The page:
Greg Sandow declined to approve a comment I wrote on a recent posting of his – which is fine, I don’t think my quickly scribbled paragraph captured clearly everything I wanted to say. Let me try again here.

Sandow writes:

Remember the commandment: Respect the culture we find outside classical music.


We’d better embrace the culture we’re in, enjoy our status as one of the many musical genres that give us so much diversity, and tell people not why we’re better, but why we deserve their attention even while they’re giving money to WNYC, so they’ll get the new Springsteen.

Or else we’re going to get very lonely.

Sandow is quite right that we need to take seriously the dominant musical culture – commercial music. Classical musicians need to be knowledgeable about it, conversant with it, realistic about its place in our overall cultural landscape. Frankly, I’m not sure the problem of willful ignorance about pop music is terribly widespread among classical musicians – maybe it is more of a problem among classical fans? I would guess that more classical musicians know something about pop music than the other way around.

But to respect the culture of pop? Maybe the problem is that word “respect”. As much as I enjoy pop music, collect recordings of pop music, teach pop music – I will never “respect” it the way I respect some classical pieces. I think I can “respect” pop music by acknowledging its dominant place on the cultural scene – after all, for the vast majority of the population, music = pop music. And I can respect pop music for the pleasures and meanings it affords.  But I do think that the pleasures and meanings afforded by some classical music are unique. I resist the notion that classical is just another “one of the many musical genres”, as Sandow puts it, a phrase that strikes me as close to saying that all musical genres are pretty great. They’re not.

I used the word “resist” a moment ago. I feel that while a smiling acceptance of classical’s place as “one of the many musical genres” has a certain limited merit, we also need a spirit of resistance regarding the dominant commercial culture. It’s a little like being a locavore instead of accepting the products of corporate agribusiness as the only game in town. To take that metaphor a step further, Sandow’s blog includes a link to a listing of “solutions” to the problems of classical music – one such solution is to emphasize support for local classical music culture. It might be more important to support your local chamber music society than to worry about lining up enough petrodollars to pay for another edition of “Live from Lincoln Center”.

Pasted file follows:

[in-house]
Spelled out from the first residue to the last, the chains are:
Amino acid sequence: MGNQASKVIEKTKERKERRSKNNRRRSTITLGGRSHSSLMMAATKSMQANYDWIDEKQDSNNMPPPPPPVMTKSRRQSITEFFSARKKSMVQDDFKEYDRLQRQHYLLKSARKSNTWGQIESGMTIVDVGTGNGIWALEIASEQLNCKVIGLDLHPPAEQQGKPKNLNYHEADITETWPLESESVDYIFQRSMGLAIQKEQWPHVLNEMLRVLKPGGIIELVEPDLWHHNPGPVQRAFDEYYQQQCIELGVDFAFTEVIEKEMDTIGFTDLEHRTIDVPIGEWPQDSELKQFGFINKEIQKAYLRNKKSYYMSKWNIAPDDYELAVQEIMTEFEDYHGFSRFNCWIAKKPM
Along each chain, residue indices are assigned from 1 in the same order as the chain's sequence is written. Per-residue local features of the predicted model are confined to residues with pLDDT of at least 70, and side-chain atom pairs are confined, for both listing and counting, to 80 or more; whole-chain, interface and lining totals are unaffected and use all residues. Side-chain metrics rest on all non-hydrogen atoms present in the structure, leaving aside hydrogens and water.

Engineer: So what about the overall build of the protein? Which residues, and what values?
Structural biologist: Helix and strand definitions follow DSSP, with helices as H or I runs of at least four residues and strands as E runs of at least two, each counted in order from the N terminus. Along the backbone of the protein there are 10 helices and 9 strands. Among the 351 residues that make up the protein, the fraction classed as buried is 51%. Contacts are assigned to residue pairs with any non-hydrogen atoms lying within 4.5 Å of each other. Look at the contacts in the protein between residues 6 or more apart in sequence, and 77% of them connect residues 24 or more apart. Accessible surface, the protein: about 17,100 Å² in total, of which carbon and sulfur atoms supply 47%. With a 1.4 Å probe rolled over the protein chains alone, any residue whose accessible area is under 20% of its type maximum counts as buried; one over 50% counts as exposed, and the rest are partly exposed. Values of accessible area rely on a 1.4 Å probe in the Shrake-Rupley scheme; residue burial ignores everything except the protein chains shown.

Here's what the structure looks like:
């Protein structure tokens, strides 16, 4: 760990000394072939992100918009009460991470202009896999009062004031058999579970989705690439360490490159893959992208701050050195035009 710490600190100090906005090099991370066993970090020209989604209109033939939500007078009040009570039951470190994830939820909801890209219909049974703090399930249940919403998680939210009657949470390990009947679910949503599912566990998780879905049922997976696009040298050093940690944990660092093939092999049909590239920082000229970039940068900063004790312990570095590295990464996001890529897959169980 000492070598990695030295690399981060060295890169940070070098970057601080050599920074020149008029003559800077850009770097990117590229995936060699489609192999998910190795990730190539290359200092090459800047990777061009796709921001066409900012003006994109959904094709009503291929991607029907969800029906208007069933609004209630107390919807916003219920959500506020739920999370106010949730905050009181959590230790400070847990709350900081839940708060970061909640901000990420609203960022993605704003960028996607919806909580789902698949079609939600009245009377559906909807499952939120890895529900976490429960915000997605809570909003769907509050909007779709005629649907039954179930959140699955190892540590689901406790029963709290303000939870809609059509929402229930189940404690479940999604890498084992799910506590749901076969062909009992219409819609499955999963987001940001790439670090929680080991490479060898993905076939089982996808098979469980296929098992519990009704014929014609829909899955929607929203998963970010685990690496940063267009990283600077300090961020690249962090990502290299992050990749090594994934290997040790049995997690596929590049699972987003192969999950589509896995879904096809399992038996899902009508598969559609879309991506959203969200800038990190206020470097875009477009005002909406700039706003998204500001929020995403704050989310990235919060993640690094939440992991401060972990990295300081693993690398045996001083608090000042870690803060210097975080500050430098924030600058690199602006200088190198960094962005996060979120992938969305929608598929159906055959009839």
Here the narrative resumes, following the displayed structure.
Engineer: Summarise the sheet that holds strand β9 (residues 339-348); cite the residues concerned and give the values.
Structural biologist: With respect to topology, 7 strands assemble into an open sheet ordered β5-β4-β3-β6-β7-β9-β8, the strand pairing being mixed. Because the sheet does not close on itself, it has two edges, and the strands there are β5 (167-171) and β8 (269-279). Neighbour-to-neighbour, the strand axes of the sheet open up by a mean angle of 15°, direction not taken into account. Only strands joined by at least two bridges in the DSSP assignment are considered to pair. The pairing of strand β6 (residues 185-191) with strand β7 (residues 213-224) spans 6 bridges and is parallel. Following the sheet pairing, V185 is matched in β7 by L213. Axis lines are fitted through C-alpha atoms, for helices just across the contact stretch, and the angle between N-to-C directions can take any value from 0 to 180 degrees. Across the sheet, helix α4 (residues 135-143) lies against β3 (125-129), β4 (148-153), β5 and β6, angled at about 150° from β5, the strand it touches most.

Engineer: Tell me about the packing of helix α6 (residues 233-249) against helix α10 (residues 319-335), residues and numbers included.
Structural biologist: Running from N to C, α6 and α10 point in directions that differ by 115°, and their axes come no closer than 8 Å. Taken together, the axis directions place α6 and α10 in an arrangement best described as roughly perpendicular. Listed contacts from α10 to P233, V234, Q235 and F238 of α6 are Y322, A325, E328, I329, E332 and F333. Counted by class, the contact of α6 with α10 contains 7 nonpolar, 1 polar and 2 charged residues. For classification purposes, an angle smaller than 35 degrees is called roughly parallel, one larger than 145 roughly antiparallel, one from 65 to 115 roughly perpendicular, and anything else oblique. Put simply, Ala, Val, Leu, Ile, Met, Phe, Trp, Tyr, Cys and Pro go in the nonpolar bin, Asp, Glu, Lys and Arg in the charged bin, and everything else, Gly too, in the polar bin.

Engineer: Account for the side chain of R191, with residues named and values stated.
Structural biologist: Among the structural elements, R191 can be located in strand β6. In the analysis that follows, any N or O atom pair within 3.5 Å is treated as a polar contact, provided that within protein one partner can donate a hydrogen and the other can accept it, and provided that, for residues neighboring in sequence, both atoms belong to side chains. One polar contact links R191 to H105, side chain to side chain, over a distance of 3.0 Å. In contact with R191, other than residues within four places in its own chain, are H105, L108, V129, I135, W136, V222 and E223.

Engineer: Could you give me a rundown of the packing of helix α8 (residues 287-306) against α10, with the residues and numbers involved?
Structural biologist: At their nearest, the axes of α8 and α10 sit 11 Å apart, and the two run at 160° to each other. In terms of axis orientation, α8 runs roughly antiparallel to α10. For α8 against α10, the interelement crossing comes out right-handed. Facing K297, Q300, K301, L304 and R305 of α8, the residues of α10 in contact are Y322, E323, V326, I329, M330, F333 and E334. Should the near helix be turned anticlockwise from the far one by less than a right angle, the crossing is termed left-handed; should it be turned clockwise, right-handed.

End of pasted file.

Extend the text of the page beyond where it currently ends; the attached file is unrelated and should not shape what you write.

I sometimes feel classical musicians are expected to pay homage to commercial culture in a way that novelists, poets and painters are not expected to. (I say that fully aware that a good deal of  “high” art is very much engaged with pop culture, as is some classical music.) I once heard Terry Gross ask Pierre Boulez whether he liked pop music, and she seemed bemused when he said no. Would she really ask William Gass, for example, which airport novels he esteems?

Sandow’s post talks about a variety of headlines in print media that, like this post’s name, can only be understood with a knowledge of the dominant pop culture. But notice that the headline for an article about Springsteen in the Times yesterday can only really be understood if you know something about Copland.

(alternative post title: “Fight the Power”)

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